August 16, 2011

10 Qs For Gilad Tiefenbrun Of Linn Products Ltd.

I really, really enjoyed my time with Gilad, every time I meet him, there's always something new to learn from this energetic and visionary man. Linn's future is very secured with Gilad as it's Captain. There's lots of energy and ideas bouncing about, some of it, of which I am not allowed to disclose will be a reality in the near future. For Linn, it's exciting times ahead, just like it's latest Songcast multi room/zone concept, let's hear it from the man himself:

Big E: Welcome back, and thanks for the very impressive demo of the Songcast multi zone streaming system. Tell us a little more about it?

GT: Songcast allows multiple Linn DS to work as a 24 bit multi room audio system. For more info see:
Songcast can be accessed via Kinsky, Linn's DS contro app, which one can download for free on the iphone or ipad and other compatible smart phones, allows the popular hand held device to function as a master remote control for a multi zone home audio system, and the best part is, unlike other systems the Kinsky app will select source music from the various Linn DS based audio system and control volume at each individual zone too! Also see:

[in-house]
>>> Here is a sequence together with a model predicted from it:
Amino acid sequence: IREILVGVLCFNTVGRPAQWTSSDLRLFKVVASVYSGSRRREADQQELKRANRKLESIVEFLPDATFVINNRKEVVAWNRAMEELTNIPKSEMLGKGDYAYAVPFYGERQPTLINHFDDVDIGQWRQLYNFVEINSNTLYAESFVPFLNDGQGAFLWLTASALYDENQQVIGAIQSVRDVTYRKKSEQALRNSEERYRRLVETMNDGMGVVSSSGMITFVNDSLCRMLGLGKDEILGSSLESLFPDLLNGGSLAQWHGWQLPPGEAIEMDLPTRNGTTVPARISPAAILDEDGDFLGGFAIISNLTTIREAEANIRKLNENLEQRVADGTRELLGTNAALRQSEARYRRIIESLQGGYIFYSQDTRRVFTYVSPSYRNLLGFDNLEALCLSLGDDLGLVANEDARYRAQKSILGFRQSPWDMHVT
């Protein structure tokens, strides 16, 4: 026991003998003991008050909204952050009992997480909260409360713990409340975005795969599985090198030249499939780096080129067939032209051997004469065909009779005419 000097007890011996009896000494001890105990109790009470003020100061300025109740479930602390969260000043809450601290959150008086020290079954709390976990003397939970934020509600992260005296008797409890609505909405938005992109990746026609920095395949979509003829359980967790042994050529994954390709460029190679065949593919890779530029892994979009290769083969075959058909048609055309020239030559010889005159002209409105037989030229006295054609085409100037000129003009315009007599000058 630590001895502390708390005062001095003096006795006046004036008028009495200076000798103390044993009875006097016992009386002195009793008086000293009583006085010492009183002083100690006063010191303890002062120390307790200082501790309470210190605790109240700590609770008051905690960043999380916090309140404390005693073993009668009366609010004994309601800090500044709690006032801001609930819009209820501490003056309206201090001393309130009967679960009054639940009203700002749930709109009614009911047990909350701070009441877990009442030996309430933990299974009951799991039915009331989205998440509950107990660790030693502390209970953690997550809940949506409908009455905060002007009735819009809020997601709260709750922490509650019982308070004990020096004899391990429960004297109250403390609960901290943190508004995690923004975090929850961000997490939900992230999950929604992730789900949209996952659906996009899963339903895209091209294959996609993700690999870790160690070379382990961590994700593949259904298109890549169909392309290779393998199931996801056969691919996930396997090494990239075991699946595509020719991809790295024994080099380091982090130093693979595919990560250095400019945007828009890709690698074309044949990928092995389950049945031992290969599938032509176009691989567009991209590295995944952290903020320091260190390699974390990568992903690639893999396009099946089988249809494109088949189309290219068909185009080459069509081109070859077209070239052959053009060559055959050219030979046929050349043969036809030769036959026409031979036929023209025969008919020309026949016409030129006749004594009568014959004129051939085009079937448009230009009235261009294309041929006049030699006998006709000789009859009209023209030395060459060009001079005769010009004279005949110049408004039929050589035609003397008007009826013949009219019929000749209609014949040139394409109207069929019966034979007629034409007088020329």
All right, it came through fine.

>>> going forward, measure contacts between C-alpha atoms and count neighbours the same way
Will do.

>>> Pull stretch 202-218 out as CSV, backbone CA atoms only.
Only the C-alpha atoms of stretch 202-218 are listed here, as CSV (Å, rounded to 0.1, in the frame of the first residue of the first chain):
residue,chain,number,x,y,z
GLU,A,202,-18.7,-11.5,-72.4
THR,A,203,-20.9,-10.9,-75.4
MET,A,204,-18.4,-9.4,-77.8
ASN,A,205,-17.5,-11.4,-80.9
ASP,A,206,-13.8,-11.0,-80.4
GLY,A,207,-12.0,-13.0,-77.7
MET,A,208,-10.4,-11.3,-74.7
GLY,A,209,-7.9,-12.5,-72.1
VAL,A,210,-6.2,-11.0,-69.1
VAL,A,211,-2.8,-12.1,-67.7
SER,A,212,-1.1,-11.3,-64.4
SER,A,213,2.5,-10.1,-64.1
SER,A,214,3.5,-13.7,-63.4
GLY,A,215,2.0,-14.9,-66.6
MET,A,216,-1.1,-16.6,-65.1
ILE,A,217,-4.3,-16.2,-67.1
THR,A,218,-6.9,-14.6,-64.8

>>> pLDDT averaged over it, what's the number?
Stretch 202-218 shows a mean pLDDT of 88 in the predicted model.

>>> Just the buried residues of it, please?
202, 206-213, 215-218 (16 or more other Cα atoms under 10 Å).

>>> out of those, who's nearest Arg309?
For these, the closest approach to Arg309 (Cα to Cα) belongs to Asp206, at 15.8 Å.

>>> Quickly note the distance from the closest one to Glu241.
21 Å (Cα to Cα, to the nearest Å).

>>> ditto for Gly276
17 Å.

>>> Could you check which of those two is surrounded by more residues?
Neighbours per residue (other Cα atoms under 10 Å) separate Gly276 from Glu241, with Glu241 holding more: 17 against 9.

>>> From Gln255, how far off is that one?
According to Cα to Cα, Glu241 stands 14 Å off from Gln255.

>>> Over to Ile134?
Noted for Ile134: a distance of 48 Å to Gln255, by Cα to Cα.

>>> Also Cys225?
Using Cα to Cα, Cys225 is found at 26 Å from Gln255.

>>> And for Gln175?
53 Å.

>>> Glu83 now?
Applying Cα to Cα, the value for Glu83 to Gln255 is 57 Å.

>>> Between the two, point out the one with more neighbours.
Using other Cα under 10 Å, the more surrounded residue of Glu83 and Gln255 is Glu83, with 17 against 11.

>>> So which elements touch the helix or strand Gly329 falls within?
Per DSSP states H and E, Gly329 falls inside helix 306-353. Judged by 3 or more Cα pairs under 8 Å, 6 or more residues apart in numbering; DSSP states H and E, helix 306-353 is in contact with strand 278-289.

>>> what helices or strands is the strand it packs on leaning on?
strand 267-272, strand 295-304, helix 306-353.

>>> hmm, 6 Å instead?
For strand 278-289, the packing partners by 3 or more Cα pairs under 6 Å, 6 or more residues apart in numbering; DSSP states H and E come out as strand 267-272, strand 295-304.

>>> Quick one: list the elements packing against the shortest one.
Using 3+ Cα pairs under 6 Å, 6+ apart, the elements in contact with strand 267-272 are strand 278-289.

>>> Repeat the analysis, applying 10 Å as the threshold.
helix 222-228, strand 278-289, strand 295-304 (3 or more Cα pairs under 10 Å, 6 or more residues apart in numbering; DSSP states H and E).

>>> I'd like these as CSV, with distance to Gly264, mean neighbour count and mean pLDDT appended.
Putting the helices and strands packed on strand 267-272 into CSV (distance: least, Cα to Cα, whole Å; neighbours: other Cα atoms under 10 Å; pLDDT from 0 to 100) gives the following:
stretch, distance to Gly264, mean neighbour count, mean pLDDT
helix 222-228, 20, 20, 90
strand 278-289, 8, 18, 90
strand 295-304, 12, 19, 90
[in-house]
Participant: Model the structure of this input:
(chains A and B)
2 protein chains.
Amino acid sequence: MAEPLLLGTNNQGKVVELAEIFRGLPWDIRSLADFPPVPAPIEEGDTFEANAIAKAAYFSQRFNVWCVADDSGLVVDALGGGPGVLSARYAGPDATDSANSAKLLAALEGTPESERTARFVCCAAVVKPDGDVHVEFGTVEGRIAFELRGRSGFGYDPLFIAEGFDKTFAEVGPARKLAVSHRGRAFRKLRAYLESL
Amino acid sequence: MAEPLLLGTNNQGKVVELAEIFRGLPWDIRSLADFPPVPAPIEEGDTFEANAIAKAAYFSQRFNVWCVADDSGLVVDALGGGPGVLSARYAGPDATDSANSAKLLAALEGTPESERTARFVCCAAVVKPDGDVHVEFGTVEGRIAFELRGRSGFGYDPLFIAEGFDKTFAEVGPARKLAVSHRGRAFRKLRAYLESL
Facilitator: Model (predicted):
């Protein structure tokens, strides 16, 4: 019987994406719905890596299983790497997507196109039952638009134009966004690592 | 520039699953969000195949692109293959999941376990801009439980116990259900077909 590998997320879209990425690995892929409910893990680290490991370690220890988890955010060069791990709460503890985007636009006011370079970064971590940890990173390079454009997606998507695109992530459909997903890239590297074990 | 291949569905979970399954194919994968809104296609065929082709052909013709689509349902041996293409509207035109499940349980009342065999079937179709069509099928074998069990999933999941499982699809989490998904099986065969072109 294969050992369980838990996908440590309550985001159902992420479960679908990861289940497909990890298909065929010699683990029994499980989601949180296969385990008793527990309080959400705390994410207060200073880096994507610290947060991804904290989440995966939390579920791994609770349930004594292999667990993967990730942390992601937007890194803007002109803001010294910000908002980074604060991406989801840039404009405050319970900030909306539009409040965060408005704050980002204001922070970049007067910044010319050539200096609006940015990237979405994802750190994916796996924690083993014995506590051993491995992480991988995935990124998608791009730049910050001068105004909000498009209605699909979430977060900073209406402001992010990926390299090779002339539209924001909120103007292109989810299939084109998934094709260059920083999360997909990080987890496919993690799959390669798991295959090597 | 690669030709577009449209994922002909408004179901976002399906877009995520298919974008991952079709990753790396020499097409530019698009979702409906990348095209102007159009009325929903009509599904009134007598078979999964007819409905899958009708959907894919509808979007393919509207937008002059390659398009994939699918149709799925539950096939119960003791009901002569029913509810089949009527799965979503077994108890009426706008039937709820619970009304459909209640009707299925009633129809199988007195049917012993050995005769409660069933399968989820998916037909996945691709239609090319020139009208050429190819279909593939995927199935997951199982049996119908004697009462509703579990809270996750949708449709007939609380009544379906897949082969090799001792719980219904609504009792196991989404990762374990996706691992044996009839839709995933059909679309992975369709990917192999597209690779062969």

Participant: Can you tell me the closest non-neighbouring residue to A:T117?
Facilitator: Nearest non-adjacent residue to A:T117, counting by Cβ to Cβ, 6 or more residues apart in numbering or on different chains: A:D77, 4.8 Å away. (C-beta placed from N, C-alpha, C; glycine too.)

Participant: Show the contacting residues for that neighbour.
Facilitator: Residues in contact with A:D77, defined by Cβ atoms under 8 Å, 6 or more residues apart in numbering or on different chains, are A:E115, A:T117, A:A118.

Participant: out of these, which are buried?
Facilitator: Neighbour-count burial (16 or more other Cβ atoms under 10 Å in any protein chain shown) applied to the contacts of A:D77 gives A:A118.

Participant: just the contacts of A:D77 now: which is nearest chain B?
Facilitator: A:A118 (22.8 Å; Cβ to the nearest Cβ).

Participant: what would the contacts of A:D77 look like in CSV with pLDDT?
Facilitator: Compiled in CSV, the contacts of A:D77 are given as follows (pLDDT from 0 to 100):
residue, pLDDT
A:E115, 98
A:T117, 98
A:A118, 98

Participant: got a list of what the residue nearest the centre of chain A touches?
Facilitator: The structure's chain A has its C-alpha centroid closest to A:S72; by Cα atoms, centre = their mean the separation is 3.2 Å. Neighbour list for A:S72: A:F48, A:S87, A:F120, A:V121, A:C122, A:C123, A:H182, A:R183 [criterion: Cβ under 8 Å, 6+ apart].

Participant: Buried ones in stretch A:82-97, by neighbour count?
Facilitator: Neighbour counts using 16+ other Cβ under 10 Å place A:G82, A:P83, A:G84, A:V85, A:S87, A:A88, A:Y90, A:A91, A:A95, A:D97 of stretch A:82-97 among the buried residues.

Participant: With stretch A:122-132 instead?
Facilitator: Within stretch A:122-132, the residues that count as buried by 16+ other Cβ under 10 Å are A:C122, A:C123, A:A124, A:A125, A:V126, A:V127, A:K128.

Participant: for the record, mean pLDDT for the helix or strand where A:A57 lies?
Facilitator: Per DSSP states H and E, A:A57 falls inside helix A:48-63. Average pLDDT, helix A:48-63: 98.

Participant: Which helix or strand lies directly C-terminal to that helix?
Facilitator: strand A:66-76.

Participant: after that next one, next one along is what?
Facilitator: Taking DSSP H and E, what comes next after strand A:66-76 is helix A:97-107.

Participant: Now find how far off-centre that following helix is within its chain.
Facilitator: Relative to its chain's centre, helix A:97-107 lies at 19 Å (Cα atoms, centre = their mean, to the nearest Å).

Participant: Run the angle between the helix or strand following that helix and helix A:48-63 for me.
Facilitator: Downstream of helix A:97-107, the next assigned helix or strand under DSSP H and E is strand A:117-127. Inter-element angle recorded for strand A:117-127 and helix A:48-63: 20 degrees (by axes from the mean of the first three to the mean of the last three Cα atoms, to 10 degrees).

Big E: What equipment do we need to have to use the Songcast app?

GT: The Songcast app works with all Linn DS equipment, including Majik-DSi and Sekrit-DSi. In a home where more than one DS is used, then all the DS equipment can either broadcast, or receive music source fro one to another. You can even transmit vinyl at 24 bits around the home! The songcast/DS multi zone system will work in either a CAT5 wired home or wireless.

A sample menu of the Kinsky app, a Linn DS interface for easy access to one's music library. Add the Songcast app for multi room/zone control if one has 2 or more Linn DS based systems.

Big E: Are previous versions of DS products compatible with Songcast?

GT: That's an excellent question! Like our Linn Sondek LP12 manufactured since 1973, and up grade able to current spec should one wish, all our Linn DS products are designed to be upgrade able as well. So the Soncast is certainly compatible with older versions of DS. And should one wish to up grade the sound quality of their DS, our latest Dynamik power supply is highly recommended. The Dynamik is the sixth generation of our in house developed switch mode power supply for high end audio applications, which results in fasting transient response time, and lower noise floor and higher head room for music.

Big E: If you could share, what OS is Songcast based on?

GT: Songcast is based on the latest Open Home standards, which you can read more about in Linn is among the first to use this standard, but we believe in 2 or 3 years time, there will be many other manufacturers adopting it.